|Countdown to New Year's: Round 4 -- Speak to Me!|
Here's how Round 4 will work: Below, you'll find three poems, written in response to or in the style of the poems written by each of the three poets who are advancing to this final round. Each poem is my own response to the work of those poets; it's not necessarily a statement on which I "liked" the most (though I think it would be hard to argue that my love of the poems didn't in some way impact the results). Read through each poem, and be sure to read the original poems they were inspired by. Then, cast your vote on which poet you would like to see win the New Year's kiss! Your vote does not need to be based on the poems below. It should, however, be based on the poets, and the poems they wrote. That said, once you've cast your vote for the winner, be sure to answer the "Your Turn" questions for more entries into the Grand Prize Book Drawing! Get your votes in before midnight!
Good luck ... to the poets, and you!
I Choose, I Choose
After “Believe, Believe” by Bob Kaufman
I choose you. The nectar of my plum,
Still rooted to the sky, singing the scent of earth,
The pull of you seasoned
To the blue sheet of sky stretching our horizons.
I choose the melody of sambas,
Thrumming our singular hearts to one rhythm
And back again, the somnambular dance
Taking us across a pillowed plane,
Leave behind the requiem
Of life before your timbre.
Sing in my grottoes, the hollows
Alive with the quiver of your tongue!
You! The gambol of centuries!
The swell of time!
The rise and fall of all this world devours.
This I’ve Known
After “You Know All This” by Kenneth Koch
From the very first dawn
You held me like a spoon;
A curve within your palm
A corner of your moon.
From then on in our diurnals
The days harmonied, orchestras;
I say you fill me up like journals—
You say, Thus spake Zarathustra.
Prophetess, I promise
To take you as my one,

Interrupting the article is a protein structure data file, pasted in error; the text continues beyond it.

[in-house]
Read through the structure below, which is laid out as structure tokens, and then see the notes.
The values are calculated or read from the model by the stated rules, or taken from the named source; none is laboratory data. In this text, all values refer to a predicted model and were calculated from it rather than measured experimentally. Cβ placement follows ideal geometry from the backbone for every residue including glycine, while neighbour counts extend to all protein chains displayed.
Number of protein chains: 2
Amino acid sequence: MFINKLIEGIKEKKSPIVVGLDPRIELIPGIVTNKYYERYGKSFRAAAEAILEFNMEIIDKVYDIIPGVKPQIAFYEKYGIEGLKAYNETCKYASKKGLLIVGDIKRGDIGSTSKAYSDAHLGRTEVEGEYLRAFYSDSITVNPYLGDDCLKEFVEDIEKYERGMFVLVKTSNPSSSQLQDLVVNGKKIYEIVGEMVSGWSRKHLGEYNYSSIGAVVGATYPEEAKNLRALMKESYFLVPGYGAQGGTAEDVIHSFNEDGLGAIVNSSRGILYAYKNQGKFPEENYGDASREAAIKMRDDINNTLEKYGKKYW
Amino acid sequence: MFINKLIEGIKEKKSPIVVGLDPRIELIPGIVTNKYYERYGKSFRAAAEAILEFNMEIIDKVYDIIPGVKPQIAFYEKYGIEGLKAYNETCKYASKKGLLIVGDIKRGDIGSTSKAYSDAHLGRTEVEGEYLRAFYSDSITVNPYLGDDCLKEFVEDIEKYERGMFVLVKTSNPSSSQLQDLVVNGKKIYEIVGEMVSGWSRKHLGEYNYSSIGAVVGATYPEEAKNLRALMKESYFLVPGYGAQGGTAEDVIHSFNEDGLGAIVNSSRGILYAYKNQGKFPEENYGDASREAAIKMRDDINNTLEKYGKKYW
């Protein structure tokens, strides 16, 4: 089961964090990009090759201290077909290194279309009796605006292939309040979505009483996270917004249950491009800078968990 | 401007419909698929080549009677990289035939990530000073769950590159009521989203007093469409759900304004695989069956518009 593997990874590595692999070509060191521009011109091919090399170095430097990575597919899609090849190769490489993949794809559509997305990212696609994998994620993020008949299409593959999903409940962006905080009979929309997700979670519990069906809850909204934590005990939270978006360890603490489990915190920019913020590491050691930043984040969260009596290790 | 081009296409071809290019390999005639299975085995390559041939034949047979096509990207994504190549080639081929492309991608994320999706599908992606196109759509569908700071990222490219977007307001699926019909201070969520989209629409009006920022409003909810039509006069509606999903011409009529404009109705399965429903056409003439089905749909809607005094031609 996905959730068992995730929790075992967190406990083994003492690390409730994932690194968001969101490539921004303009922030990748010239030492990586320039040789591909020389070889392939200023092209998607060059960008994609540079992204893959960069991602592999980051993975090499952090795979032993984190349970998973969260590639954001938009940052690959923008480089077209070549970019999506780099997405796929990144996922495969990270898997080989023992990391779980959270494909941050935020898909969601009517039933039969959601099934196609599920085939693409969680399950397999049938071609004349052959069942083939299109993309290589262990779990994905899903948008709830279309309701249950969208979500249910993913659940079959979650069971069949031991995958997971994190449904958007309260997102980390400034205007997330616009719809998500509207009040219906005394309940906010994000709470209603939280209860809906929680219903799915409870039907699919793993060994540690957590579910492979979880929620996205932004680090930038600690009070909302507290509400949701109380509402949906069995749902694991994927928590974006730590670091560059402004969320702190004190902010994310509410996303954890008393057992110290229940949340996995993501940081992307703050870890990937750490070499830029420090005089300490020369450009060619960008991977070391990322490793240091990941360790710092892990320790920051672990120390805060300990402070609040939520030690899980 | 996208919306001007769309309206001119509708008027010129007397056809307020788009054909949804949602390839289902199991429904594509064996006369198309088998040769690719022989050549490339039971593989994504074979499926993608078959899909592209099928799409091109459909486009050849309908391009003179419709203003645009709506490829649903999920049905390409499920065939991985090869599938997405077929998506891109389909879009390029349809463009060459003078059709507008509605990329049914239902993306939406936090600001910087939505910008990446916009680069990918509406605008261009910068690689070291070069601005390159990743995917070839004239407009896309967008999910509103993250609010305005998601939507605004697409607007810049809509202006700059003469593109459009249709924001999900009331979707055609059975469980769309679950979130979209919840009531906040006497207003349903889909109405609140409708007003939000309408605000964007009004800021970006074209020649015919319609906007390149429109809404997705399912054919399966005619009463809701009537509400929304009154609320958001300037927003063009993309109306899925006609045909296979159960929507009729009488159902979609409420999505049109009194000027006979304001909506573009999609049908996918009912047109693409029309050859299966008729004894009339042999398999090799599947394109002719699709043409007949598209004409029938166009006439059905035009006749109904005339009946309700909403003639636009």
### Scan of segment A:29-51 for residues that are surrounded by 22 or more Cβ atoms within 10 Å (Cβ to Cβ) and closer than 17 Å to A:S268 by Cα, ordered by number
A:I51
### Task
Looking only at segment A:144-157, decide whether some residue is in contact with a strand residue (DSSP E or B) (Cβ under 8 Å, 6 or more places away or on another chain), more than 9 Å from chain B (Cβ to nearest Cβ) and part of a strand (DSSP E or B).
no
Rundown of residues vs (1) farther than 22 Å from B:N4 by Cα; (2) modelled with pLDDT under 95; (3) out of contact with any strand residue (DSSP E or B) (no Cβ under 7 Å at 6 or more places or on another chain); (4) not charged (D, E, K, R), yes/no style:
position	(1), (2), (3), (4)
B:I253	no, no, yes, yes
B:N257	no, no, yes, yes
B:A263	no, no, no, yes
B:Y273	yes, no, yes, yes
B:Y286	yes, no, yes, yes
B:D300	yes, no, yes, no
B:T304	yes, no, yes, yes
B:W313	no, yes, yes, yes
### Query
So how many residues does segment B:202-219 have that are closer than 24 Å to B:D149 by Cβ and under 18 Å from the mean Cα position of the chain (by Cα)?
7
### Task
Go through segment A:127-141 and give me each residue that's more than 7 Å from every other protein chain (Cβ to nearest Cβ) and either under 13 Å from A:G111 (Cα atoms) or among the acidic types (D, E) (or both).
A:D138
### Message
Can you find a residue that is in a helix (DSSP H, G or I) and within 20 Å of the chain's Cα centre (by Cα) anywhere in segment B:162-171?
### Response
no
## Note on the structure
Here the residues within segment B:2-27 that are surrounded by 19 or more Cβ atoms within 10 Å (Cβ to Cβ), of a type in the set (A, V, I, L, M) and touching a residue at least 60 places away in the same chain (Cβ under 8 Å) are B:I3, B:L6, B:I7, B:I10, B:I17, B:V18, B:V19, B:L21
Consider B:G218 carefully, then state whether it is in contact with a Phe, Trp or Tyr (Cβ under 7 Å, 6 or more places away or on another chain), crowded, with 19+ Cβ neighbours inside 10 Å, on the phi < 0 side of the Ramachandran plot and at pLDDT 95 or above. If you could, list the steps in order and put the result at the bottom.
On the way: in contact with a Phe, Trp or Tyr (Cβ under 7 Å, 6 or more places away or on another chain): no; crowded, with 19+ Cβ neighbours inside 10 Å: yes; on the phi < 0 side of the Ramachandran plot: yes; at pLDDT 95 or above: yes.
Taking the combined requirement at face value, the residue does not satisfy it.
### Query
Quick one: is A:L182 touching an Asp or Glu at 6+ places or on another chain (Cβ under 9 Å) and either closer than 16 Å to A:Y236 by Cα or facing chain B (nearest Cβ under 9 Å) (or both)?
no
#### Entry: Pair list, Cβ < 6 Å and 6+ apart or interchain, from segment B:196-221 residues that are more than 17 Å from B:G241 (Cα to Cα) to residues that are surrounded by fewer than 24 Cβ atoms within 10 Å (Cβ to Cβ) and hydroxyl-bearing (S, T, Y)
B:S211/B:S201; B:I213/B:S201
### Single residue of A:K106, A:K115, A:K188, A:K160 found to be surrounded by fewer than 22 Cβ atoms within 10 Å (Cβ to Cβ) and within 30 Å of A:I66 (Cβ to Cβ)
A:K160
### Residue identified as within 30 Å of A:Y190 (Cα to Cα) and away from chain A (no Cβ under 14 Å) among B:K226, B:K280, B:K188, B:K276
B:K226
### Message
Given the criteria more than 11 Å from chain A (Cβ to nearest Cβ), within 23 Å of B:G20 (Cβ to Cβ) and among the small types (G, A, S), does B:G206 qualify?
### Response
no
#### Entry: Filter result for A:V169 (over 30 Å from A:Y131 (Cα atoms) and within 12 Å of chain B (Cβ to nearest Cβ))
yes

To line you as my sonnet,
To taste you as my plum.
You laugh me like a river,
Navigate my words again,
And whisper with a quiver,
This I’ve known, both now and then.
After “Sleep” by Jorge Luis Borges
You ask me once who I will be at night when whispers shadow
The dimness of our little room to paint the walls in silence
And now I answer: Once we are asleep, I will be science
That puzzles out the mysteries only sleep and darkness know—
I’ll wake inside a riddle drawing ripples on your spine
To reason out the half-forgotten fragments of your breaking:
To question you if you will still remember when we’re waking
That time in time of timelessness you promised to be mine.
For once upon a dawn you seemed a dream, merely envisioned
Hints of broken memoirs fighting to compose at morn,
And when you broke upon my eyes I swore that you were born
Of sleep, of love-in-idleness—but now sweet shade is fission.
How can we, if we can, re-fuse the marvels waking harms—
The tangoed love untangled when I wake beyond your arms?
Ready to vote? Let's go!
Your Turn: For three more entries into the book drawing, answer the following questions:
1.) Which poet do you think was voted out before his time? Who should have made it further?
2.) Is there a poet you'd like to see in next year's challenge?
3.) If this was a Living Poets Countdown to New Year's, which poet(s) would you like to win a date with?
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Check out the previous Countdown to New Year's rounds!